Turbo Charge Your Employees with Games

Just one day after video game publisher Take-Two Interactive released Grand Theft Auto V in September it posted $800 million in sales—and it hadn’t even been introduced in Japan or Brazil yet.

And, no, I didn’t accidentally add an extra zero to that sales figure; it almost racked up a billion dollars of sales in one day. People love games. People love to compete. It’s in our genetic makeup.

If we could only take what makes games so popular and apply it to our businesses.

Enter “gamification.”

The Game is Afoot

Companies have long been using “games” to win customers and improve customer loyalty, and gamification for marketing purposes has been often covered. But today we’re talking about a different application. The idea we will discuss is applying the principles of games within an organization. Retail settings seem to be where the idea is getting the most attention right now. Walmart recently announced plans for a major gamification program to increase employee engagement.

Gamification combines employees and social media in a “game” environment to increase productivity, improve customer relations and boost knowledge, just to toss out a few applications we have seen so far. It uses two of the basic principles that make games such a popular activity for humans:

  • Our desire to compete.
  • Our desire to gain public recognition. (We won!)

Games are designed in which employees apply their knowledge and ideas to topics such as cutting costs or improving operations. They can be used as an adjunct to training. Questions can be posted in an employee-only social media forum. Employees give answers and then vote for the best answer and comment freely on the various responses. In a setting like this, the best answers would receive public recognition.

Commitment and Branding

One of the key principles that makes gamification successful is employee buy-in. For this reason, allowing comments and conducting surveys is very important. By building social media “games” around important company goals, management has the ability to encourage a much higher level of commitment from employees. Think of it as employee branding.

Instead of just drilling various customer relations policies into employees’ heads through mandatory meetings or reading required manuals, developing a “game” around the topics can be much more effective.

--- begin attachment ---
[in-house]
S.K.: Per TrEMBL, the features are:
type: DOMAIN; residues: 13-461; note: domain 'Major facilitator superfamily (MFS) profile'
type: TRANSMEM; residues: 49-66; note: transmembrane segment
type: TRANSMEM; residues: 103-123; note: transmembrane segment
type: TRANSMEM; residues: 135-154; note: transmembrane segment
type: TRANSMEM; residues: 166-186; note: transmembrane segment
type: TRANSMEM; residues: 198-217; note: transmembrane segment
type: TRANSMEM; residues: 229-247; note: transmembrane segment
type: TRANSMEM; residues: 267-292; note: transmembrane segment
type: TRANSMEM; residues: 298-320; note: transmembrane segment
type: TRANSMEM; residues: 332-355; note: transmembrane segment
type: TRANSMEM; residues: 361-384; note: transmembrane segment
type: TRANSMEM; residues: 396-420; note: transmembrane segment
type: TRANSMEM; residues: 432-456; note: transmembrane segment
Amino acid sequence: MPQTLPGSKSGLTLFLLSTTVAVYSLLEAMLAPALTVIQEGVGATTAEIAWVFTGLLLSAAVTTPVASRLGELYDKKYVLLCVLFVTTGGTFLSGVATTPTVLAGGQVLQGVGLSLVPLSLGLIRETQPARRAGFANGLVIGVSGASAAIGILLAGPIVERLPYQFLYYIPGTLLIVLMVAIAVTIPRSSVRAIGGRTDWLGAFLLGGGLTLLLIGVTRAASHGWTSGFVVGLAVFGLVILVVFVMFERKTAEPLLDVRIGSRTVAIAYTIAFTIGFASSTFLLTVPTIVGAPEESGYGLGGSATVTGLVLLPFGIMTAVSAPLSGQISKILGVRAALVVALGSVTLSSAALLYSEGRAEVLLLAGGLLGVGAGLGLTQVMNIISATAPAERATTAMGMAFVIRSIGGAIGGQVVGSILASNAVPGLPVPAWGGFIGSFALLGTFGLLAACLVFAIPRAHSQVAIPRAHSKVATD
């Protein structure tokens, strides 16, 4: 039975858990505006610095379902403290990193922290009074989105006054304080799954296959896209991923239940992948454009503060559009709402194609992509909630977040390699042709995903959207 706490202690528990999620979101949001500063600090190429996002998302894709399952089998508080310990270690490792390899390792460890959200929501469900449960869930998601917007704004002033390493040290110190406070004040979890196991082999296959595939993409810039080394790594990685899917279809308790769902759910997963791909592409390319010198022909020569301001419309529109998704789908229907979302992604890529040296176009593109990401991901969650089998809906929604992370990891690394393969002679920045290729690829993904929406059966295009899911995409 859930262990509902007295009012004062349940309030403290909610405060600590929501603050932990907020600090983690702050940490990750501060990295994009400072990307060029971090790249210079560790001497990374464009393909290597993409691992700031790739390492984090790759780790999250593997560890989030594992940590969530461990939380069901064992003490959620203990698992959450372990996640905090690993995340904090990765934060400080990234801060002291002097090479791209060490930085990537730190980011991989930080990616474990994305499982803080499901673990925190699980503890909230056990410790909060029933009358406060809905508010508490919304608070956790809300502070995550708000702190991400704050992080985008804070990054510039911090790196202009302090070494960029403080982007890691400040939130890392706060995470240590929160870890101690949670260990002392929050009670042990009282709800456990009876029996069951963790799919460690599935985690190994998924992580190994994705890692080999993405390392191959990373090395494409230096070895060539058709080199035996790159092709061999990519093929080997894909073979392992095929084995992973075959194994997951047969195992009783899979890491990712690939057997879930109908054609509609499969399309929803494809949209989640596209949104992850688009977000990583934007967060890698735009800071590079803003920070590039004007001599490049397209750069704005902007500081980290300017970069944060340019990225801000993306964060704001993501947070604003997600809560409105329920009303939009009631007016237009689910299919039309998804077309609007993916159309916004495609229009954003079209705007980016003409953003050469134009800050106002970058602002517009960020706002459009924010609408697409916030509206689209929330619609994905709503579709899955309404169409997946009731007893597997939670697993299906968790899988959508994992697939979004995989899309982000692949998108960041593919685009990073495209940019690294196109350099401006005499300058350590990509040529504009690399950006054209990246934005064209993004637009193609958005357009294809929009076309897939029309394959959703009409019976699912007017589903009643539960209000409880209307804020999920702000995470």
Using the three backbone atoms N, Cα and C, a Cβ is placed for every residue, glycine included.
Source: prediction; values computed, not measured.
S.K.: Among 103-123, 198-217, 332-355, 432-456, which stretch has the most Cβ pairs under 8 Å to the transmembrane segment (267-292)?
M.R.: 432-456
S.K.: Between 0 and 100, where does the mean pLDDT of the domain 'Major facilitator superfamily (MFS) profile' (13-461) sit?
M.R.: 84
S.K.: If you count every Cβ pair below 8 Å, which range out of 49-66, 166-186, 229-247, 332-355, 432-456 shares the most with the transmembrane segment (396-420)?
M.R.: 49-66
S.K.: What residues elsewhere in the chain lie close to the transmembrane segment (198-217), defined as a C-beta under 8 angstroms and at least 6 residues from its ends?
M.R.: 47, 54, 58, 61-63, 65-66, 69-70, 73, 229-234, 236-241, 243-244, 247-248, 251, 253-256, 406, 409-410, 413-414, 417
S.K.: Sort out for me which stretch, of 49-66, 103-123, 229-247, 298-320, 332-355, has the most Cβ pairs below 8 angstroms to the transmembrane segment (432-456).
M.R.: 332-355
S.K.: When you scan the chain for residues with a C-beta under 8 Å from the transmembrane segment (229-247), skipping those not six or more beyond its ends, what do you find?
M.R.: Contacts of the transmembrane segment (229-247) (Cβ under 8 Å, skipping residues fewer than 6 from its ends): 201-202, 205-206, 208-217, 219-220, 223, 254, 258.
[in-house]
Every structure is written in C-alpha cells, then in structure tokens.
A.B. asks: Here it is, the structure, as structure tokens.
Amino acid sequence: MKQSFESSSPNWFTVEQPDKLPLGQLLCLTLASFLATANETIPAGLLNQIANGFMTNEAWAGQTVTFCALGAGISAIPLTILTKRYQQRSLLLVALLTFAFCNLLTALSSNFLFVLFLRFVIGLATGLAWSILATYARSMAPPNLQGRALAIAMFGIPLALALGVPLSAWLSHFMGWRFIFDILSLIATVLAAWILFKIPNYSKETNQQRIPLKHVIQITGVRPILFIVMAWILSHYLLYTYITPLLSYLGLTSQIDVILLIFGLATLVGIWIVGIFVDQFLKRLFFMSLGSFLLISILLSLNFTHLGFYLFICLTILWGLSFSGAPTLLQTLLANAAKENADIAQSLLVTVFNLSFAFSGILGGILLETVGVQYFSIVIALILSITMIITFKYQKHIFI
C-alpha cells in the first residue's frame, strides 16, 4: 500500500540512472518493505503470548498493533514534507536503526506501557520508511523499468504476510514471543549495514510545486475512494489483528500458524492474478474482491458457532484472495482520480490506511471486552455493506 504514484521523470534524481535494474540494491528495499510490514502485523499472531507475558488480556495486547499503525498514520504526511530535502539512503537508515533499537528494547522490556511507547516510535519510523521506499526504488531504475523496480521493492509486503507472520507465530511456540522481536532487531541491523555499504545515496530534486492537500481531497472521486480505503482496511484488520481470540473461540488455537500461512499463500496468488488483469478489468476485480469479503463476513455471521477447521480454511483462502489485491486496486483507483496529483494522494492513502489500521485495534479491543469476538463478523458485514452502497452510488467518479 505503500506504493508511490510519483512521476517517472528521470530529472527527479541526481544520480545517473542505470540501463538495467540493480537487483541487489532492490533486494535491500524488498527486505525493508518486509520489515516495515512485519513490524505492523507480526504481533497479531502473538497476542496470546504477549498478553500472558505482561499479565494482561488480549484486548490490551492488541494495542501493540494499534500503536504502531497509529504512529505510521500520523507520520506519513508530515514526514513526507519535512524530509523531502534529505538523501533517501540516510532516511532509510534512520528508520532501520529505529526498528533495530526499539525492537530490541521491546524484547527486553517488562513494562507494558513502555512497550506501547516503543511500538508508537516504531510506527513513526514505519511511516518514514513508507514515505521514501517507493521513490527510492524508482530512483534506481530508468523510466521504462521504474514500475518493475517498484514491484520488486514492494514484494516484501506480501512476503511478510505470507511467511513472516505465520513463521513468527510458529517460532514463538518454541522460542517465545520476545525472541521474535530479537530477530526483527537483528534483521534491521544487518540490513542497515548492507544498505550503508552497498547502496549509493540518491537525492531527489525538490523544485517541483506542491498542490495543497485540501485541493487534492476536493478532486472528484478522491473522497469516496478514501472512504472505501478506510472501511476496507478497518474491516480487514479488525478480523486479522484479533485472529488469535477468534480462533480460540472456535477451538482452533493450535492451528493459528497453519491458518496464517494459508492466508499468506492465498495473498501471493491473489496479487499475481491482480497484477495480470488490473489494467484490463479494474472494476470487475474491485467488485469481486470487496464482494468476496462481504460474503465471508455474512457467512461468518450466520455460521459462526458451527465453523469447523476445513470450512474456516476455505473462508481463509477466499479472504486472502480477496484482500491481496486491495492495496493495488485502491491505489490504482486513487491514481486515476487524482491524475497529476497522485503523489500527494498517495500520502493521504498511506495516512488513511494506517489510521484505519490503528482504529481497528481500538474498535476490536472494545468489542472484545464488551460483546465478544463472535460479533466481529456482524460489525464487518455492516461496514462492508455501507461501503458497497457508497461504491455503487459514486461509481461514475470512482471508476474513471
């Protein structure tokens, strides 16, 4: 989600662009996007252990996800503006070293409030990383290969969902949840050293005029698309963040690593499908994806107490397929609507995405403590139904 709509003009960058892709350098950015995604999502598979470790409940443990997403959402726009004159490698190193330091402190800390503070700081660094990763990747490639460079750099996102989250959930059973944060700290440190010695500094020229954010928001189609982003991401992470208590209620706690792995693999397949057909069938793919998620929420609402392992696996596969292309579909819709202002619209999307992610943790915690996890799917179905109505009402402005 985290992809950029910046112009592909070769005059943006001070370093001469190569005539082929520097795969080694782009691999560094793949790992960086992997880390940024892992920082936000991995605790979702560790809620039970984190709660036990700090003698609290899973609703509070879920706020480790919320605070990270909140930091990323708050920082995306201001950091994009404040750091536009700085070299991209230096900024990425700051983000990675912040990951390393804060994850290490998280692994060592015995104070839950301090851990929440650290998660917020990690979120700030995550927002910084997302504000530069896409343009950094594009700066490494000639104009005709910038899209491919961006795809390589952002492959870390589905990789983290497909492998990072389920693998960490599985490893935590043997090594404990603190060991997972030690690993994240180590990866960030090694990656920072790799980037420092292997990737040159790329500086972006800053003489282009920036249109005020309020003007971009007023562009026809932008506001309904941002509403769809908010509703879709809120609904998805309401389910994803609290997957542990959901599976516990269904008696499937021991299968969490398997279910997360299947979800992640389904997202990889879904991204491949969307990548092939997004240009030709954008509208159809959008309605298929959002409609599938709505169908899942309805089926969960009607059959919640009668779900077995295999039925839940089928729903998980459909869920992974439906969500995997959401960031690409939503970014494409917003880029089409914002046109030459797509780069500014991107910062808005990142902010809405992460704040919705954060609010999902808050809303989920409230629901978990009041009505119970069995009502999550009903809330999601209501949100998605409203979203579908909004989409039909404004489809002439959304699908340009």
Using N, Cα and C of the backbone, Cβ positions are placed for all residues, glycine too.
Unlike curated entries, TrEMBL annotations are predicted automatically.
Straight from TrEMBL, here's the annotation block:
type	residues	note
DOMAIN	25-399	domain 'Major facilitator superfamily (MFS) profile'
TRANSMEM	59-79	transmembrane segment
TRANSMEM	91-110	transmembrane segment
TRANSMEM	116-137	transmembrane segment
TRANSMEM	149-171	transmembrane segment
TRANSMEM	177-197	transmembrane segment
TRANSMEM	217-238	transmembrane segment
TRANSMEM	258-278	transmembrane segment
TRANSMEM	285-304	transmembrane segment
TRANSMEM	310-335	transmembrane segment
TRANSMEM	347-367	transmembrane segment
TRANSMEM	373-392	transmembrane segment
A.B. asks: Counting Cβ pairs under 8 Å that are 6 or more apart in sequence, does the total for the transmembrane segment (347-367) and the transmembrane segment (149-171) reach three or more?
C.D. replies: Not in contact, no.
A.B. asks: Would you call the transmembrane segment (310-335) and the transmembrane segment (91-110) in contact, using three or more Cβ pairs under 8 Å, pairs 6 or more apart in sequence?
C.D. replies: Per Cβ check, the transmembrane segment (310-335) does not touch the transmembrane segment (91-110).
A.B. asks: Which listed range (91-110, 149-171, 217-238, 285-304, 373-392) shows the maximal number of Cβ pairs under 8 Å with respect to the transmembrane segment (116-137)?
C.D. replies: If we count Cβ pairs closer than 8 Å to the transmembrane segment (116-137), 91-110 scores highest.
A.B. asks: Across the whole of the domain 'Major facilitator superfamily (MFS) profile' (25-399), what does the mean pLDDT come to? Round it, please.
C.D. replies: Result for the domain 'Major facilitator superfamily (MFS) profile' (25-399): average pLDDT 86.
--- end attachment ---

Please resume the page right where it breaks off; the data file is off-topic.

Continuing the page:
In an issue of “Incentive” magazine last year, Whitney Cook listed five benefits that social media based gamification can bring to the workplace. It can:

  • Improve overall knowledge,
  • Give employees an immediate measure of job performance,
  • Boost staff achievement,
  • Better engage everyone in the organization from top to bottom, and
  • Encourage employee development and reinforce training.

The Video Game Generation

Businesses increasingly need to engage members of Generation Y to assure their success in coming years and this happens to be the first generation that has grown up with sophisticated social video games since their childhood. We’ve seen how gamification engages customers, it can do the same thing for employees.

While large companies like Walmart can hire firms to develop sophisticated games, smaller businesses may need to be more creative. A good place to start is by looking at various games and contests that businesses conduct on Facebook and finding ways to adapt them to engage your employees in a way that improves employee knowledge or performance. Of course, there’s nothing wrong with doing a game just for fun as well. It builds loyalty and enthusiasm.

Quizzes centered around company training materials could be posted online. Employees could be encouraged to draft a response to a difficult customer service situation. Employees would then “vote” on which response they feel is the best approach.

As this field develops, I’m sure we’ll learn about some very creative applications of gamification in the workplace. Why not be a pioneer?


Photo Credit:
http://www.flickr.com/photos/85602616@N05/7851561168/ “V-10-1280” © 2012 ASLiberty, used under a Creative Commons Attribution-ShareAlike license: http://creativecommons.org/licenses/by-sa/2.0/

Megan Totka is the Chief Editor for ChamberofCommerce.com. She specializes on the topic of small business tips and resources. ChamberofCommerce.com helps small businesses grow their business on the web and facilitates connectivity between local businesses and more than 7,000 Chambers of Commerce worldwide.

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ChamberofCommerce.com specializes in helping small businesses grow their business on the web while facilitating the connectivity between local businesses and more than 7,000 Chambers of Commerce worldwide. Chamber is focused on providing the latest business news, small business advice, and helpful tips and resources for small businesses, entrepreneurs and mid to enterprise level companies. Follow us on Twitter at @ChamberOnline.

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